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Popular Quality BDSM Novels

The Sharp Edge of Love: Extreme Sex! Mythic Romance! Primal Intensity! by Galen

The Sharp Edge of Love tears the cover off our culture's normally masked sexual identity and exposes the raw volcanic core within. This scintillating work tells the true stories of the erotic desires and fantasies of sexually submissive women, questing for their truth.
Gordon by Edith Templeton

Originally written under a pseudonym, this thrilling novel of passion in post-World War II London was banned upon its publication in the late 1960s, and is only now being republished under the author?s real name. Edith Templeton creates an indelible character in the smartly dressed Louisa, a savvy young woman in the midst of a divorce who meets a charismatic man in a pub and within an hour has been sexually conquered by him on a garden bench. Thus begins her baffling but magnetic love affair with, and virtual enslavement to, Richard Gordon.
Blue: The Color of Desire by Patrick Linney

There is a glut of [bad stories] out there that present a completely ridiculous and unrealistic view to the 'vanilla' world outside of the lifestyle that some of us embrace daily. This is not one of those books - this presents a completely true world, a believable scenario that I think not only helps us kinky folk dream, but gives us something that we can strive toward. Honest, moving, and sometimes emotionally jarring. These are two real people, in a real relationship, not the cardboard cutouts that we don't seem to be able to escape in this genre.
Nine and a Half Weeks: A Memoir of a Love Affair by Elizabeth McNeill

Forget the movie! It's forgettable and formulaic. This 'journal' is anything but. The film does it no justice whatsoever. And much of what's in the film is from the terribly lacking imagination of the screenwriter, and not at all from the book. Let me state that I do not believe the events in the book to be true, but because of that, I have to say it is one of THE great novels ever pumped out by the U.S.. And ultimately, it is a tragedy that will etch itself into the tissue of the reader's brain for life, whether you like S/M, or whether you think it's uninteresting, or sick. The love of this woman is QUITE sincere; and the inward pain she experiences puts all the belt-beatings to shame.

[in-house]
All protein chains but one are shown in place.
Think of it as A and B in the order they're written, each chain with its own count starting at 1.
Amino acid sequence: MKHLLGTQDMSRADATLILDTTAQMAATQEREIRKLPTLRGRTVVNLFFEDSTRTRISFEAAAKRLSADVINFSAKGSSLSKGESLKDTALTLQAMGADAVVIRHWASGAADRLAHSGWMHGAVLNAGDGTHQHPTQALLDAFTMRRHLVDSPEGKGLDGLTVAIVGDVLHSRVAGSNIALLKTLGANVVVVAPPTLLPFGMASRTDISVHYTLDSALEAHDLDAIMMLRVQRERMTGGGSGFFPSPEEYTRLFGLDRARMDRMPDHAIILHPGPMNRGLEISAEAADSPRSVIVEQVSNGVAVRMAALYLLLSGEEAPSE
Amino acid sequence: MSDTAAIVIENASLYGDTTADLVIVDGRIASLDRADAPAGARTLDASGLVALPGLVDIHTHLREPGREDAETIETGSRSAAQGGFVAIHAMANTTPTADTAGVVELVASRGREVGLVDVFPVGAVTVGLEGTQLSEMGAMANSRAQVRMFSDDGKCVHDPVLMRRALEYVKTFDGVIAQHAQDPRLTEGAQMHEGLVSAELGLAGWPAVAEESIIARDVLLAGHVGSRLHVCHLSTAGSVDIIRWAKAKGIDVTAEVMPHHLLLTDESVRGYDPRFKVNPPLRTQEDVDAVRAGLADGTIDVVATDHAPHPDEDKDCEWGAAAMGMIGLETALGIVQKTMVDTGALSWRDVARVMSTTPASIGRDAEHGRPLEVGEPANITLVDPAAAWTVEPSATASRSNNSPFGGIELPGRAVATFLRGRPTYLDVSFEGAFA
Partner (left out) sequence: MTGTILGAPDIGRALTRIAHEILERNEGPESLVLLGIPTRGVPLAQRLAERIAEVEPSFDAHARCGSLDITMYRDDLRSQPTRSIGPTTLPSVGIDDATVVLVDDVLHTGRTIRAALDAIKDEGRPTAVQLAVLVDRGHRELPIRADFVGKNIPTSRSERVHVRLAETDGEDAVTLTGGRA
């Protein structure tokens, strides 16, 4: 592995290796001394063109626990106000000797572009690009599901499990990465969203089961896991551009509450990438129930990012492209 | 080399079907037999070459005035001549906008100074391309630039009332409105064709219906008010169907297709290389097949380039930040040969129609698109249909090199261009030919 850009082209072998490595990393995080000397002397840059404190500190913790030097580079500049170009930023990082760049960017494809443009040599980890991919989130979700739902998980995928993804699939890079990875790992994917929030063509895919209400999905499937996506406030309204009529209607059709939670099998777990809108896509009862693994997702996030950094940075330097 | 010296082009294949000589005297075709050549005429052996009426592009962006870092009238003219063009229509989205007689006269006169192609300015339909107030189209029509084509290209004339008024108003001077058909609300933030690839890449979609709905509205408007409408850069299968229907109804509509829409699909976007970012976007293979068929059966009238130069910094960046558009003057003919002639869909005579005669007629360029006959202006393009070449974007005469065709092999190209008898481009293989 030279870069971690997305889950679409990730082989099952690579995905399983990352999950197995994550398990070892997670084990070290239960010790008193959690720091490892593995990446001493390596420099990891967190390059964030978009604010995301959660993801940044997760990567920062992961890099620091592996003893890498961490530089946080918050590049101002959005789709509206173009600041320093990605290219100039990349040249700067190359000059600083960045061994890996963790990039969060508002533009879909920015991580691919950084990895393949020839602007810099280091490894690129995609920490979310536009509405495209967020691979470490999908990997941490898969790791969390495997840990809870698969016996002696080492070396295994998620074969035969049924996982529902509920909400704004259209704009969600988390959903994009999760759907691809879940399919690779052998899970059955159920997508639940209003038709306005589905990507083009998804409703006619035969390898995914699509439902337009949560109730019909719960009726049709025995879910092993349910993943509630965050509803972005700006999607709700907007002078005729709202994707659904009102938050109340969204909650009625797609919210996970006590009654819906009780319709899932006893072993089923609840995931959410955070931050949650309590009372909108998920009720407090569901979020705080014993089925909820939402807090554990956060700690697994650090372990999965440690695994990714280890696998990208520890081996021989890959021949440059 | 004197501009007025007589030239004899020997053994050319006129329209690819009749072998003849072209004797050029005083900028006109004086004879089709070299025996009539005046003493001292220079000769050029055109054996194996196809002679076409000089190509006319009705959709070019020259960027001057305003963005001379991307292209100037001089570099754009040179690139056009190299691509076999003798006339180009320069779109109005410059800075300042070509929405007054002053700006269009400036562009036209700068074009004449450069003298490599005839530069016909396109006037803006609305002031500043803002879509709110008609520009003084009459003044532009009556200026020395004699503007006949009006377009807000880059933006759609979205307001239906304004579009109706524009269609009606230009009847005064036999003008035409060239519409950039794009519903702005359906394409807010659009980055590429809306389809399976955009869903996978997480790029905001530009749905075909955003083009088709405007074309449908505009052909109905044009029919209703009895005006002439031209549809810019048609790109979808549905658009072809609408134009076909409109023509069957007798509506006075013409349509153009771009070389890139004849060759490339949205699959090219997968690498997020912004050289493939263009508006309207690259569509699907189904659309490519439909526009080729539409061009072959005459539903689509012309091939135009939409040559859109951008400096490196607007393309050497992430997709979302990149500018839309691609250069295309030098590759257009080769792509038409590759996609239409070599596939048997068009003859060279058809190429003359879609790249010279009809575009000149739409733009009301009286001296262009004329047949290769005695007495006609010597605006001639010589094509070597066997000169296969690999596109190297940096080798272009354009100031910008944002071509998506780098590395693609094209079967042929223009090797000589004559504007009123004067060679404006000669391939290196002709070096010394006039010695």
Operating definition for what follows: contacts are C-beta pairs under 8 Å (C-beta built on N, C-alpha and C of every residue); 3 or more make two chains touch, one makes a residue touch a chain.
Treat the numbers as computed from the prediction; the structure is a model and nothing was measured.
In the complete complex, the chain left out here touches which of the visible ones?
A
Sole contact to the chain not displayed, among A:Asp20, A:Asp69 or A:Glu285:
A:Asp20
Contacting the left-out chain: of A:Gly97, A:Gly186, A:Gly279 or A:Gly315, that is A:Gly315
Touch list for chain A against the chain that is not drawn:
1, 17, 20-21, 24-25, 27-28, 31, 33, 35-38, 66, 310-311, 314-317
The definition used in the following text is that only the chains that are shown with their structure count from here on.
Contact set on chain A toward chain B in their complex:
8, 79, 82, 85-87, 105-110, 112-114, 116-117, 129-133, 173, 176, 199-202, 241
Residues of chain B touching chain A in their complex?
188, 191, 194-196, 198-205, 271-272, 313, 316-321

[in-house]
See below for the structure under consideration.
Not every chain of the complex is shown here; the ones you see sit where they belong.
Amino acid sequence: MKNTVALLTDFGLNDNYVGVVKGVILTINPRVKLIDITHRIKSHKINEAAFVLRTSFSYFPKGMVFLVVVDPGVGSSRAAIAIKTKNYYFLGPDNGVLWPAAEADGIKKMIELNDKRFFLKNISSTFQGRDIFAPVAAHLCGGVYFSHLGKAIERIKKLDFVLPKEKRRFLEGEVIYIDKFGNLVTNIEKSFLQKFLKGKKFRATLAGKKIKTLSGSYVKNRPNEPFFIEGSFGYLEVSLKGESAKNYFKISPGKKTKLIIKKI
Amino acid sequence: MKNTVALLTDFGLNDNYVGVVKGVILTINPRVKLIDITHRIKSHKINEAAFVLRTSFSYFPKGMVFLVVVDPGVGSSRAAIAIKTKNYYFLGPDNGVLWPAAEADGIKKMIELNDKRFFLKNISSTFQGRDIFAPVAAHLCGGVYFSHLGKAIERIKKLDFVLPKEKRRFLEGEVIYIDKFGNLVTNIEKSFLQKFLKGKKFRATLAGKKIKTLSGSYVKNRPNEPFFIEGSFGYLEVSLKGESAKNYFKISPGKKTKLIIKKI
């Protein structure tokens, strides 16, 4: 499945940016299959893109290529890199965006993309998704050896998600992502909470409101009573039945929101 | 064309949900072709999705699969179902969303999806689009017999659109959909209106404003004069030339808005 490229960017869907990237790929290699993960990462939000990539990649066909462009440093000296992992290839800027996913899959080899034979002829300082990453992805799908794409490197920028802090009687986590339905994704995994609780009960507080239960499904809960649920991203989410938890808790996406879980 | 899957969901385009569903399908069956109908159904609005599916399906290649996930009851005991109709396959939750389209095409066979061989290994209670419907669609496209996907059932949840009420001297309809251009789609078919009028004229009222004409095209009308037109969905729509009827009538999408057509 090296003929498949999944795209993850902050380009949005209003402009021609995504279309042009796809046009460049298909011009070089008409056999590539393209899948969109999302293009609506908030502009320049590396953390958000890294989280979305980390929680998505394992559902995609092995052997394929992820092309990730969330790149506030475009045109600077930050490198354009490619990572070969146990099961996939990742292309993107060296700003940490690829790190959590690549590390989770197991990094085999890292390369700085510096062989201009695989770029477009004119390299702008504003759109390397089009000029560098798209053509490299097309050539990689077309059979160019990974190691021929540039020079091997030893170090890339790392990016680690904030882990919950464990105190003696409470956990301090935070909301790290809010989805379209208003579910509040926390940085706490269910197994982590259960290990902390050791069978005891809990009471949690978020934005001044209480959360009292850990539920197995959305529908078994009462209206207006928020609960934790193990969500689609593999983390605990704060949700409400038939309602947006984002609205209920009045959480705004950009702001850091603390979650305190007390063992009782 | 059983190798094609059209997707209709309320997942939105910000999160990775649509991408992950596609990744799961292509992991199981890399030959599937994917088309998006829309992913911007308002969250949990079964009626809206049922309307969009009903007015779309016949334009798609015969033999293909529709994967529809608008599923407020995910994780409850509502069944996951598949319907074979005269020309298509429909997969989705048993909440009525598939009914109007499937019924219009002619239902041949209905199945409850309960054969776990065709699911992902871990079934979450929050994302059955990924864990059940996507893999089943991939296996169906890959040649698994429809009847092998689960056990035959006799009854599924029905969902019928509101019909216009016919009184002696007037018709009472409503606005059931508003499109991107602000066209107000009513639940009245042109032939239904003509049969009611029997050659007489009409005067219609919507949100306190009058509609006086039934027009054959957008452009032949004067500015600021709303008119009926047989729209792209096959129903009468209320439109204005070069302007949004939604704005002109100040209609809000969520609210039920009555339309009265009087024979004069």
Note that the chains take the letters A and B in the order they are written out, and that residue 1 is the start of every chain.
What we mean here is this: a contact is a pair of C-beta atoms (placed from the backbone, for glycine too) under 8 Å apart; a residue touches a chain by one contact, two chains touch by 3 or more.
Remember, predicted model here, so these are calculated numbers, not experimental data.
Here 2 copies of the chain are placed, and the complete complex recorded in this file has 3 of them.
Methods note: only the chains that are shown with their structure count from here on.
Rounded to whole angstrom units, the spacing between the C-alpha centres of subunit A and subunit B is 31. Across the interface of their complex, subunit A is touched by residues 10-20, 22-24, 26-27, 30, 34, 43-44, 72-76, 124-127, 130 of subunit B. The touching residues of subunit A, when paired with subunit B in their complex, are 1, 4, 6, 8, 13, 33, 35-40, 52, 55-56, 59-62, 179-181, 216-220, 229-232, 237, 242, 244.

Story of O by Pauline Reage. 1954.

Widely read novel about a young woman enticed into erotic SM and increasingly all-encompassing enslavement in the remote town of Roissy under the tutelage of her lover, René, and the experienced Sir Stephen. Published originally in French under the pseudonym Pauline Réage, whose identity (Dominique Aury) mystified readers and the media for a generation. The book is the source for a popular BDSM jewelry item: a ring with a dangling circle, symbolic of various BDSM elements such as the continuity of topping and bottoming, the cycle of life and love, openness of mind and body to one's beloveds, and the underlying conundrum of consent turning shackles into freedom.
Related Works:

Return to the Chateau: Preceded by, A Girl in Love (aka Story of O Part II)

More recent translation of the Story of O

VHS Video Story of O

In The Realm of the Senses. Film(video) by Nagisa Oshima, 1976.

(One of only a few videos on this website, and I recommend it highly.) This extraordinary subtitled film is based on the real life relationship during the 1930s between a renowned Japanese artist and a lover, whose intimate, self-propelled BDSM relationship sucked them into unusual emotional and physical depths. This is a truly unusual, eye-opening, and arousing film that is sexually explicit, yet not pornographic in a prurient sense. The film depicts the development of some very heavy BDSM between partners who are increasingly compelled and driven by their desires in a natural, obsessive, but highly isolated, way. That this is in fact a researched documentary makes it all the more stunning and memorable, going beyond the remarkable acting, sensitive directing, and intimate photography. It is a shock for the viewer to be taken into private moments that may have been art or may have been private life for the participants. Perhaps it is a testimony to the consciously artistic bent of the couple for us to appreciate the sexually heated, complex, and probably inevitable motivations, developments, and shocking denouements involved.